The real problem with the electoral college

In six of the past seven quadrennial elections, the democratic candidate for president received a bigger share of the popular vote than the republican candidate did.   Despite this fact, the democratic candidate only won the election in four of them.  In the years 2000 and 2016, the democratic candidate lost the election because of the way electors from the electoral college were apportioned, which is the way presidents are actually elected.   (Except for the states of Maine and Nebraska, the candidate who wins the popular vote in the state receives all of that state’s electors.)

2000 and 2016 mark the fourth and fifth times in American history when that happened.  The previous three were in the years 1824, 1876, and 1888.   In 1824 and 1876, no candidate won a majority of electors and, in accordance with the rules laid out in the constitution (or more specifically, the 12th amendment), the presidency was decided by the House of Representatives.   1888 was replayed four years later between the same two candidates and the loser the previous time won the next time.  (And the loser in 1888 was the sitting president so that actually makes 1892 the only time in American history where the main choice was between the sitting president and a previous president, although Ulysses Grant in 1880 and Theodore Roosevelt in 1912 came out of retirement to seek the presidency under a third party.)

The number of electors in the electoral college is a straightforward calculation: each state gets a total number of electors equal to the number of senators it has (which is always 2) plus the number of Representatives it has (which can range from 1 for our least populous states to (currently) 53 for our most populous state, California).   There are a total of 435 representatives in all of congress.   The 23rd Amendment to the constitution gave three electors to Washington, DC as though it were a state.   Thus, there are a total of 538 electors.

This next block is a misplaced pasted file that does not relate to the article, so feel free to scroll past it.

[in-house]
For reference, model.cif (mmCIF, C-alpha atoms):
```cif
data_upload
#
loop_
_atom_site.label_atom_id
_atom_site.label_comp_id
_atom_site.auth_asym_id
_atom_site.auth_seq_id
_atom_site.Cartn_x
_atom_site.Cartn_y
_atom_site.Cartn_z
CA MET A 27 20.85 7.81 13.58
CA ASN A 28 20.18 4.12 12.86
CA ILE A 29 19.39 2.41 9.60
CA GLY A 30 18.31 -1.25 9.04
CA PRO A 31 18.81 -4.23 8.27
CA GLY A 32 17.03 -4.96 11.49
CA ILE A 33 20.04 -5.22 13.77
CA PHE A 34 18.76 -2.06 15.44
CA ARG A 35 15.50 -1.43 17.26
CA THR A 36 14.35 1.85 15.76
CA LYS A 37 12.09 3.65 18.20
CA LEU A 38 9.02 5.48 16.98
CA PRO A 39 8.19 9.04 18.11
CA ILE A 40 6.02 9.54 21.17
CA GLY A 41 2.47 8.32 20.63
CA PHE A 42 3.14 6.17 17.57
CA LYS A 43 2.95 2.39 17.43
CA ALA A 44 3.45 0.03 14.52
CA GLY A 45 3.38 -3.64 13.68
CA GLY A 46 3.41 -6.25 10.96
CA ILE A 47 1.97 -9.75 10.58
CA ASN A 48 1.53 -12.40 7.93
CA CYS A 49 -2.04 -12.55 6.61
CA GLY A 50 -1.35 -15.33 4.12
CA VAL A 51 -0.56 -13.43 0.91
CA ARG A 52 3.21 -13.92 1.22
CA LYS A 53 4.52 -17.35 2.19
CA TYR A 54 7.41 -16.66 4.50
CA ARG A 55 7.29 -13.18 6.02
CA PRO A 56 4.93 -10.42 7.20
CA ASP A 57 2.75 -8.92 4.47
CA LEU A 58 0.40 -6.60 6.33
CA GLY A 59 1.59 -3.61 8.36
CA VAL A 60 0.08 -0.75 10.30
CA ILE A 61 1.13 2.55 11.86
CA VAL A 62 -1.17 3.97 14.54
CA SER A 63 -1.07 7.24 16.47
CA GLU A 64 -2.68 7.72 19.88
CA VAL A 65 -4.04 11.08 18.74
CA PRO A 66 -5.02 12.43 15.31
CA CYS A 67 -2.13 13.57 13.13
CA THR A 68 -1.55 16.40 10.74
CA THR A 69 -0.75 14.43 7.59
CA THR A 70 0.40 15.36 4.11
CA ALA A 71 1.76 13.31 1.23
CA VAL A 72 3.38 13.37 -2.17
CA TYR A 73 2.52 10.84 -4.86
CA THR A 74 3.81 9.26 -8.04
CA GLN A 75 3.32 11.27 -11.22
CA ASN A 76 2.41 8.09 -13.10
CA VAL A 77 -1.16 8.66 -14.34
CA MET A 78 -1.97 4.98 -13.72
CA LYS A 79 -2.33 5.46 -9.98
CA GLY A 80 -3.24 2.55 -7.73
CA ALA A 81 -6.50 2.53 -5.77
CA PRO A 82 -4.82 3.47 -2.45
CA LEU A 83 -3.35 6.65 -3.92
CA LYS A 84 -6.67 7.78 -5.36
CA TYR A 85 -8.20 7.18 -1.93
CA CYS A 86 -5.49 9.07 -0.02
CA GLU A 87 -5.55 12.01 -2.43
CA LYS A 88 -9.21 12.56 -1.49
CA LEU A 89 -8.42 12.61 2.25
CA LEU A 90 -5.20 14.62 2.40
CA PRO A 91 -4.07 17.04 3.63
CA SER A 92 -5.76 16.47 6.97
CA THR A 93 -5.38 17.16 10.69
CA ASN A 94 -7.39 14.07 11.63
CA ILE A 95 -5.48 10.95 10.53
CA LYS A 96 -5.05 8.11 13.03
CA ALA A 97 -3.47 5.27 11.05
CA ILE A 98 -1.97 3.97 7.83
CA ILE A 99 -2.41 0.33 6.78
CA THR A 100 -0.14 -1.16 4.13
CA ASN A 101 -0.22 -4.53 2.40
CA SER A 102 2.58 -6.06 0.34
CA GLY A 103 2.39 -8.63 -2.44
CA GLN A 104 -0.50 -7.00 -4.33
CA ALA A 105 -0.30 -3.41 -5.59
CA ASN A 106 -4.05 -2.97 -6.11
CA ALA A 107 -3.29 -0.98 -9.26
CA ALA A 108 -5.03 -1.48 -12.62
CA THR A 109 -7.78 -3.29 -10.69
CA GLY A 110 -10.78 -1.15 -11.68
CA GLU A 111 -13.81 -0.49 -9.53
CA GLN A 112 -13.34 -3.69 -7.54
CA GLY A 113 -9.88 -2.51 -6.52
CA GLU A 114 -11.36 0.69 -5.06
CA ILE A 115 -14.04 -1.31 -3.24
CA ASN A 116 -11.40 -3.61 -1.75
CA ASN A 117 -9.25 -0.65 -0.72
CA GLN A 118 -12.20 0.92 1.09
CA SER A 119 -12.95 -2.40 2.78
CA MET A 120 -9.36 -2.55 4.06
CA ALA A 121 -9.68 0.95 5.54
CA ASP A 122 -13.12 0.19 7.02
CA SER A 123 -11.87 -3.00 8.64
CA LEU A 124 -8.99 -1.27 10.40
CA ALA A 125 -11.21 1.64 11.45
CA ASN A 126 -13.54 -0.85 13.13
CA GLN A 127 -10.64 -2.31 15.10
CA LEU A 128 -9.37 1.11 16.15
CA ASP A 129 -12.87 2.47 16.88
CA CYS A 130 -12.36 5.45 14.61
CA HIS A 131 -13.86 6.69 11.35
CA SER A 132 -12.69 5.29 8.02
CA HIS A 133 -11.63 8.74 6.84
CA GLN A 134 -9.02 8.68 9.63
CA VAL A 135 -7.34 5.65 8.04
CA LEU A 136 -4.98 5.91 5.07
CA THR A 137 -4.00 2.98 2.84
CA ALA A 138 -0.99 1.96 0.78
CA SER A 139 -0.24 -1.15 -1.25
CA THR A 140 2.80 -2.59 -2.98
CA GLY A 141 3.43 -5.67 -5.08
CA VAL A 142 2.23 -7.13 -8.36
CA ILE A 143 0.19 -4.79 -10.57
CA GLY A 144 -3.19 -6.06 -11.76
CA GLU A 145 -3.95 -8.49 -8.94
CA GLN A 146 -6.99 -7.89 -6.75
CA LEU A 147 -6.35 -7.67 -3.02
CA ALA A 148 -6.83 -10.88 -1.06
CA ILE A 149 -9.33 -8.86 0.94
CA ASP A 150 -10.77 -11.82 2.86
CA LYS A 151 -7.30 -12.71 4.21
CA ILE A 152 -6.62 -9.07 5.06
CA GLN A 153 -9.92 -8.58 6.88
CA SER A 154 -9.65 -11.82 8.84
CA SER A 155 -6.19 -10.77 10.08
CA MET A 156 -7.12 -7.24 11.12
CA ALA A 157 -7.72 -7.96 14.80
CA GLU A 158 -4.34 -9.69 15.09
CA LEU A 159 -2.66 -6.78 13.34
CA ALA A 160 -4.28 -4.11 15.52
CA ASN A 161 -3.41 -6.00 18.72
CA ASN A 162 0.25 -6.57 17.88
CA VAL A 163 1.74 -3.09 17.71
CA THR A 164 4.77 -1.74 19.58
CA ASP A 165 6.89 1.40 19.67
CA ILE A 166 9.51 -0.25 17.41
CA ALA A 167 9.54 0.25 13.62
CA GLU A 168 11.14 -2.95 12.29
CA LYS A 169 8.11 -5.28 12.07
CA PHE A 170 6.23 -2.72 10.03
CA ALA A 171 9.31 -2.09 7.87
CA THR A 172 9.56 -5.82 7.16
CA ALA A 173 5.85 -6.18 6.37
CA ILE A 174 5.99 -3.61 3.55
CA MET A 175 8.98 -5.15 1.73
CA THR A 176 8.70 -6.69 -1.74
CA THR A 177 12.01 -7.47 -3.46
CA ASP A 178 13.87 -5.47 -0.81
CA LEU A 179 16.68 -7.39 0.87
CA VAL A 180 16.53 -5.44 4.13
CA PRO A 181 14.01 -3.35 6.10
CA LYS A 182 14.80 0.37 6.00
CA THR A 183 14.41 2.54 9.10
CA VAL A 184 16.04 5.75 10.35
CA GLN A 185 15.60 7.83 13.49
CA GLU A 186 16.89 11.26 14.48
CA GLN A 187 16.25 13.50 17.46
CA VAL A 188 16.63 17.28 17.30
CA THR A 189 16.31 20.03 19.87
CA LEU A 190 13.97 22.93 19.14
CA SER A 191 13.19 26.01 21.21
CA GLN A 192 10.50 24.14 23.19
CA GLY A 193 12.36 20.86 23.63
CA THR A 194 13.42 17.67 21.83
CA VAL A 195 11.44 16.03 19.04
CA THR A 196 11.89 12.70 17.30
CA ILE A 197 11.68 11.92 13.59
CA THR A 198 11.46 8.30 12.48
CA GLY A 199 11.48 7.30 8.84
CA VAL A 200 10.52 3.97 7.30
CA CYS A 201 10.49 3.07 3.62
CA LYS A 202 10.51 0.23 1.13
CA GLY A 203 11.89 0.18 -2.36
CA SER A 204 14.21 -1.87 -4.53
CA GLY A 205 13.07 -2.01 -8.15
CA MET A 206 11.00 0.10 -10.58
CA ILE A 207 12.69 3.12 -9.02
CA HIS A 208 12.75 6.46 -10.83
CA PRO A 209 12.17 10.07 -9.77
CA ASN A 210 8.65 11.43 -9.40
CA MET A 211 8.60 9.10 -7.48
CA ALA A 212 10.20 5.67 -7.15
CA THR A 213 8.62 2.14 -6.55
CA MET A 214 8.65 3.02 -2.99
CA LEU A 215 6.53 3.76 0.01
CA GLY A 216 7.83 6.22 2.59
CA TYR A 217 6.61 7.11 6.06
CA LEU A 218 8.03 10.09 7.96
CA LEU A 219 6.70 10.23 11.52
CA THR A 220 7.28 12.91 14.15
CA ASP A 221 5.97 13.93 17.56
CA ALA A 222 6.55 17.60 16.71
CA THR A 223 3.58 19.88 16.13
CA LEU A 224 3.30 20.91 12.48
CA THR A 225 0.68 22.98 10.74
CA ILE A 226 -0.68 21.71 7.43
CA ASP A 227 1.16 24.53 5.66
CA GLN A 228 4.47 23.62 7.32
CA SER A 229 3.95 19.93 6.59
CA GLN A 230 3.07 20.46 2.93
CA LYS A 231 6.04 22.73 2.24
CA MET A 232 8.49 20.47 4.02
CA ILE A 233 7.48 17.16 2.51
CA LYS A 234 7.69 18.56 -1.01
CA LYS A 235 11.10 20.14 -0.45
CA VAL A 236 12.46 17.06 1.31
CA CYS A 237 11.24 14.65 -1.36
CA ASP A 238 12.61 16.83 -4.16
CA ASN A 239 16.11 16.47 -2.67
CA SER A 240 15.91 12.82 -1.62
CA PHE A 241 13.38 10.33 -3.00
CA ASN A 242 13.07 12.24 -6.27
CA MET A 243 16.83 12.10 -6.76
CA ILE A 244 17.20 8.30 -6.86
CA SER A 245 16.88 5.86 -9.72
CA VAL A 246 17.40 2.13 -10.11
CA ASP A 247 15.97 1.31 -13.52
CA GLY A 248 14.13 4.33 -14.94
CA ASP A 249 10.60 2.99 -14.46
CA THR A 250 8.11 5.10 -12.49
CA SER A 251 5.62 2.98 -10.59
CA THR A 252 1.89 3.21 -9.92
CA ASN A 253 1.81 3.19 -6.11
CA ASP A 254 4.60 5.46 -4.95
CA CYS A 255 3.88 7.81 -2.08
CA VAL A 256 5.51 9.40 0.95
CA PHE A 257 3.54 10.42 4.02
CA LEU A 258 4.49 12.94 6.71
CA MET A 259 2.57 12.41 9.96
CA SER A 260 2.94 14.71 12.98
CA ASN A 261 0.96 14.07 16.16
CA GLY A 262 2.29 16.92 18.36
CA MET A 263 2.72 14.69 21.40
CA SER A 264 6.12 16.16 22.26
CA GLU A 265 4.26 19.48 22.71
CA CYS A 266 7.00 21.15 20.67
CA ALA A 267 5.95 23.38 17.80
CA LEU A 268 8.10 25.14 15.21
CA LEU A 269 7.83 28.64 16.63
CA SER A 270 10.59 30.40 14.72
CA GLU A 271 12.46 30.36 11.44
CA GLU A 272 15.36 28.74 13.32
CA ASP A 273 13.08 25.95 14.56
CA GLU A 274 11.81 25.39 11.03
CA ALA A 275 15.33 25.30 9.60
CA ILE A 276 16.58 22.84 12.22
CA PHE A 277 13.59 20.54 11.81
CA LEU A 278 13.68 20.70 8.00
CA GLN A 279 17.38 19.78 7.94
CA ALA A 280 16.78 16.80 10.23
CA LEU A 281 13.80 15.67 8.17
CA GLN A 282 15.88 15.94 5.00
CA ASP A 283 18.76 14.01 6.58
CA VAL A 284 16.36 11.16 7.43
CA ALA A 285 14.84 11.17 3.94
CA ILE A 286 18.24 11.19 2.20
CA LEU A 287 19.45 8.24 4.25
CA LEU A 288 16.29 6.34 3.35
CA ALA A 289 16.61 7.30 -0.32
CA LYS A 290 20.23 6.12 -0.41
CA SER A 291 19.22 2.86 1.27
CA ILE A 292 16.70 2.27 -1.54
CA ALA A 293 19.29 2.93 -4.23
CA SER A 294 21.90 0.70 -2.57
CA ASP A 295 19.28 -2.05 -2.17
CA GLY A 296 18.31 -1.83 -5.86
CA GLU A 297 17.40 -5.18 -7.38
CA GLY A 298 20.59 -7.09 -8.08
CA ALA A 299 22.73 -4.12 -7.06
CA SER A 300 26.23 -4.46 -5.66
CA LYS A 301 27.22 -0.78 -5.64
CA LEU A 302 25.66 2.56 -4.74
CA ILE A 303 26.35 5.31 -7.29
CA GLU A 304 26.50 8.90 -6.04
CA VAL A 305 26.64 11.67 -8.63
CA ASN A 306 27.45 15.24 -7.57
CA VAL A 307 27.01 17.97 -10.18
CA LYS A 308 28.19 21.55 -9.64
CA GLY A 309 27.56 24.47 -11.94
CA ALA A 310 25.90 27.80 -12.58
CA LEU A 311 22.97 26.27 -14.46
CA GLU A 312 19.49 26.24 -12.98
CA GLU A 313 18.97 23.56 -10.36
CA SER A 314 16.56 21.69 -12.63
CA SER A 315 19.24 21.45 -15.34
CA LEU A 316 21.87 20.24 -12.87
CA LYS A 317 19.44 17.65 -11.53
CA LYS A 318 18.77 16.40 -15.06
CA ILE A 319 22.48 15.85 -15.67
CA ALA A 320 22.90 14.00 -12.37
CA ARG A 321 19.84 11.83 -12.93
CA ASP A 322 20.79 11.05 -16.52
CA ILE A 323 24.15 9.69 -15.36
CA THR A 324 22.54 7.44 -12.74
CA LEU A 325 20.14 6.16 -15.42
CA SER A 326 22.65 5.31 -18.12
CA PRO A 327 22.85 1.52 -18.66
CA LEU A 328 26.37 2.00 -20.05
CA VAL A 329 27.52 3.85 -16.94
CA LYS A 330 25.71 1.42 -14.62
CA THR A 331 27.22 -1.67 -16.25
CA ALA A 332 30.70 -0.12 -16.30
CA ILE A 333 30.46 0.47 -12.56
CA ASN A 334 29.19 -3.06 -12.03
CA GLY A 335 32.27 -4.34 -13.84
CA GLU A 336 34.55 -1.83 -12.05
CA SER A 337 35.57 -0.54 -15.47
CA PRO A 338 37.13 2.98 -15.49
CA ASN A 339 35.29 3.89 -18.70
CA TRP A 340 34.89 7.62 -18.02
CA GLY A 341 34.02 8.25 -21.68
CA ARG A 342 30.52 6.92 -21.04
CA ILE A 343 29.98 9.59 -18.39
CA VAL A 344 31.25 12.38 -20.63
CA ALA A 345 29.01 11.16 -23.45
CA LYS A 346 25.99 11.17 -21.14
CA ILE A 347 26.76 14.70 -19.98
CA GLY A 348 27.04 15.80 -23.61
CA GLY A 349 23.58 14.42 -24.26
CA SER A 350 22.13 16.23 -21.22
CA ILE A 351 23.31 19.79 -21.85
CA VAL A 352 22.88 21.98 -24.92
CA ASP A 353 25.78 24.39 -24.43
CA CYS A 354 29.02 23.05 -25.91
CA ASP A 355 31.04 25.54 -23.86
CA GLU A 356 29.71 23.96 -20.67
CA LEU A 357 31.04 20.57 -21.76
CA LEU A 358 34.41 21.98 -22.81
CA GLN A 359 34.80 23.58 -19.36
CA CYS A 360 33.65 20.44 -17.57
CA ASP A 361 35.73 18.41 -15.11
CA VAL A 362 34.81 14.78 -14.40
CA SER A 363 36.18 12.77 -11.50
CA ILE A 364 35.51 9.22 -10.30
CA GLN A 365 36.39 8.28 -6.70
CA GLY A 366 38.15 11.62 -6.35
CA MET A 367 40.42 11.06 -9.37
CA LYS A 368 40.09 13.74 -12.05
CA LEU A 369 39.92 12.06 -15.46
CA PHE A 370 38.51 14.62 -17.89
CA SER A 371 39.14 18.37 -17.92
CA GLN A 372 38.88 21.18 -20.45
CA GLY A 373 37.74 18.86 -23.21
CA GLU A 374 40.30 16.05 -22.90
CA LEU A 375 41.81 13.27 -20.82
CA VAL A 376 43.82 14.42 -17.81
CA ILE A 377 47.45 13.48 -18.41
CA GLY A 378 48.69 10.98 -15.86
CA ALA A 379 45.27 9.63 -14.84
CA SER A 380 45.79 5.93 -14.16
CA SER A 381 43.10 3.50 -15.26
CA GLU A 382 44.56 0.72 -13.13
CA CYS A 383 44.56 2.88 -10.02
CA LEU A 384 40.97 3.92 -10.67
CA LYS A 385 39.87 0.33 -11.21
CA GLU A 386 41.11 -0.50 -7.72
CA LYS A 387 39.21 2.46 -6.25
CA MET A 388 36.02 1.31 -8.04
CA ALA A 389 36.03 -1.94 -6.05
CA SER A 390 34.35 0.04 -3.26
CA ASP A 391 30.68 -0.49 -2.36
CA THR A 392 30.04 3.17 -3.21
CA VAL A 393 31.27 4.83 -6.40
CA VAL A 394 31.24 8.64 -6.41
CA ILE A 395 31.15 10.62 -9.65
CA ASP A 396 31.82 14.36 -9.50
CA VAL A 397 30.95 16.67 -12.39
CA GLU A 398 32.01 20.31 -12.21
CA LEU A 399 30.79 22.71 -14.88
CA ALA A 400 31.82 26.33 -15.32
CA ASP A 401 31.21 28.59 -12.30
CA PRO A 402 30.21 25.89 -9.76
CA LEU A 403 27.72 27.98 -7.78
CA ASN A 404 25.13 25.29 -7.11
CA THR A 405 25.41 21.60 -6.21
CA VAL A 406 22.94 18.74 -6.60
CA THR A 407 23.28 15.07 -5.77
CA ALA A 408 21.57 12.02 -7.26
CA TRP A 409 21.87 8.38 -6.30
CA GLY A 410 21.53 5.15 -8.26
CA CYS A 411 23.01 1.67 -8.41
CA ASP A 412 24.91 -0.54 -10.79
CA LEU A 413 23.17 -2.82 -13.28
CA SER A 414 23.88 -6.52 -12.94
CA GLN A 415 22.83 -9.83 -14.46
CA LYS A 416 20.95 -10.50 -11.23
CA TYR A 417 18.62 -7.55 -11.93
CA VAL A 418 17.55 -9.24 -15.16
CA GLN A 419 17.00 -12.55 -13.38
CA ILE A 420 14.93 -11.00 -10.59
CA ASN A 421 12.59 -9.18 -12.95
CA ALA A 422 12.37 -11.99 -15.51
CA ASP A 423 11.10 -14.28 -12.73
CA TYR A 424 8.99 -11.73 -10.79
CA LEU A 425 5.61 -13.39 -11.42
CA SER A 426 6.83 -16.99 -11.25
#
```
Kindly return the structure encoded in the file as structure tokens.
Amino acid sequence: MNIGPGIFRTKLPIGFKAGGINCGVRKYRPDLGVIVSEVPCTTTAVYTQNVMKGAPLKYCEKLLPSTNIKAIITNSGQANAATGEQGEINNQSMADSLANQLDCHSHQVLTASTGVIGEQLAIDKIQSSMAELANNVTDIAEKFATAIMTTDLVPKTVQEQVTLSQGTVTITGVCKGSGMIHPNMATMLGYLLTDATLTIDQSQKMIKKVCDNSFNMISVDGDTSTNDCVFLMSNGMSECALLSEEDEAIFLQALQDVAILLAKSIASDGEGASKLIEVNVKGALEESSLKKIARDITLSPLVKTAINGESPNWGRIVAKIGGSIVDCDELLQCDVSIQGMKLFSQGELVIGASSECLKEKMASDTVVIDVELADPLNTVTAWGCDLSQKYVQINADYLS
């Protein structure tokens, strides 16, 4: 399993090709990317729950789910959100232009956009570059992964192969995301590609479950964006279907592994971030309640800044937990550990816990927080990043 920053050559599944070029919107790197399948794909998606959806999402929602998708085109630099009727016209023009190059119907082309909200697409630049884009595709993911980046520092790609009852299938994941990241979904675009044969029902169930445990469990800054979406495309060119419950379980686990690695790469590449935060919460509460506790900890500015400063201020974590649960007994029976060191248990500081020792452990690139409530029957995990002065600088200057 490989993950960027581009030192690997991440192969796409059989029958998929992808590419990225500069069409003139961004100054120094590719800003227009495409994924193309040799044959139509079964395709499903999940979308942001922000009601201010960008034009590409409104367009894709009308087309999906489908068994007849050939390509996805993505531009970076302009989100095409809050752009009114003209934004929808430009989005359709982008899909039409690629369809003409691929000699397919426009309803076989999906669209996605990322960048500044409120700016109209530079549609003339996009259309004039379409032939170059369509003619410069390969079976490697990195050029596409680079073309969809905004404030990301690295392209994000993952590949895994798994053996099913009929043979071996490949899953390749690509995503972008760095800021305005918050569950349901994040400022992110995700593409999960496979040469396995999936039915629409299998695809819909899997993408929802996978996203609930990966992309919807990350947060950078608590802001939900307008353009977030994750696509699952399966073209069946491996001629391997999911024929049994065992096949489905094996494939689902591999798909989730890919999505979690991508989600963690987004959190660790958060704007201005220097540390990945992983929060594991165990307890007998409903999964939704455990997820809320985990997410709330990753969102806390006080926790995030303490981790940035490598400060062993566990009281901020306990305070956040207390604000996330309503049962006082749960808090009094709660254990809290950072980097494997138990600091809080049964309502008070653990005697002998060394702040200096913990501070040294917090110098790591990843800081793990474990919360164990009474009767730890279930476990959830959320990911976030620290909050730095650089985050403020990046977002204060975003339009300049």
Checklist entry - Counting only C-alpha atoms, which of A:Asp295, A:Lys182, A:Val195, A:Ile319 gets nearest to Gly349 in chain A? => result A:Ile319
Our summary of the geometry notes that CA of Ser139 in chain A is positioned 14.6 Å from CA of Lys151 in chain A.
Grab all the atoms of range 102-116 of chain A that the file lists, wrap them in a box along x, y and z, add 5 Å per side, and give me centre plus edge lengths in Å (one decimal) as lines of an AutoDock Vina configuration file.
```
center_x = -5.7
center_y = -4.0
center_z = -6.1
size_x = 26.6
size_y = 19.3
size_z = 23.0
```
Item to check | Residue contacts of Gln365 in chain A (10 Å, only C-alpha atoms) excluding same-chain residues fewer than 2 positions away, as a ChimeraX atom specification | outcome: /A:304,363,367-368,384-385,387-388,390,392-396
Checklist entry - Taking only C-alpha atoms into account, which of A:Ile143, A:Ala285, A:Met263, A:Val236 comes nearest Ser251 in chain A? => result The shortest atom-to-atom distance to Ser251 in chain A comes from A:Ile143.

And therein lies the real problem.  Our least populous state (Wyoming) has a population of about 563,600.   California has a current population of about 39,100,000.  This creates a bit of a disparity.   In the house, Cynthia Lummis (Wyoming’s representative) represents about 200,000 fewer people than any of her colleagues from California.  Thus, the people she represents have more relative clout in the government.   This also means that a vote for president in Wyoming is more valuable than a vote for president in California (or at least would be if Wyoming were actually a “swing state”.)

There have been 435 members of the house since 1911 (although after Alaska and Hawaii joined the union in 1959, this number did go up to 437 for four years before going back down to 435).  Since the population of the country has grown quite a bit in the past 105 years, the House of Representatives has gotten significantly less representative in the process.  

In fact, the current population of the country is nearly 100 times as large as it was when the constitution was first drafted and laid out how the government is supposed to work.  The first congress had 65 members of the house.  Now it’s not even seven times larger.  I’m not saying there should be 6,500 members of congress now (it’d be a logistical nightmare just to find offices for them all) but it seems clear to me that we need to increase the count of people representing us in Washington.   

Now I concede that a part of this proposal is borne of the fact that my home state of Pennsylvania has lost representation in congress after each of the past three censuses because its population growth rate, although still positive, has been slower than the national average.  This, in turn, has made Pennsylvania one of the most heavily gerrymandered states in the union.

I don’t know the correct “magic number” of Representatives per citizen.  I should think that even Wyoming needs more representation in congress though.  

When we do that, the number of electors will also go up and become more commensurate with the population.   That could make the citizenry more engaged and maybe, just maybe, events like 2000 and 2016 will be the anomaly and not the norm.  After all, it only really happened once before.  


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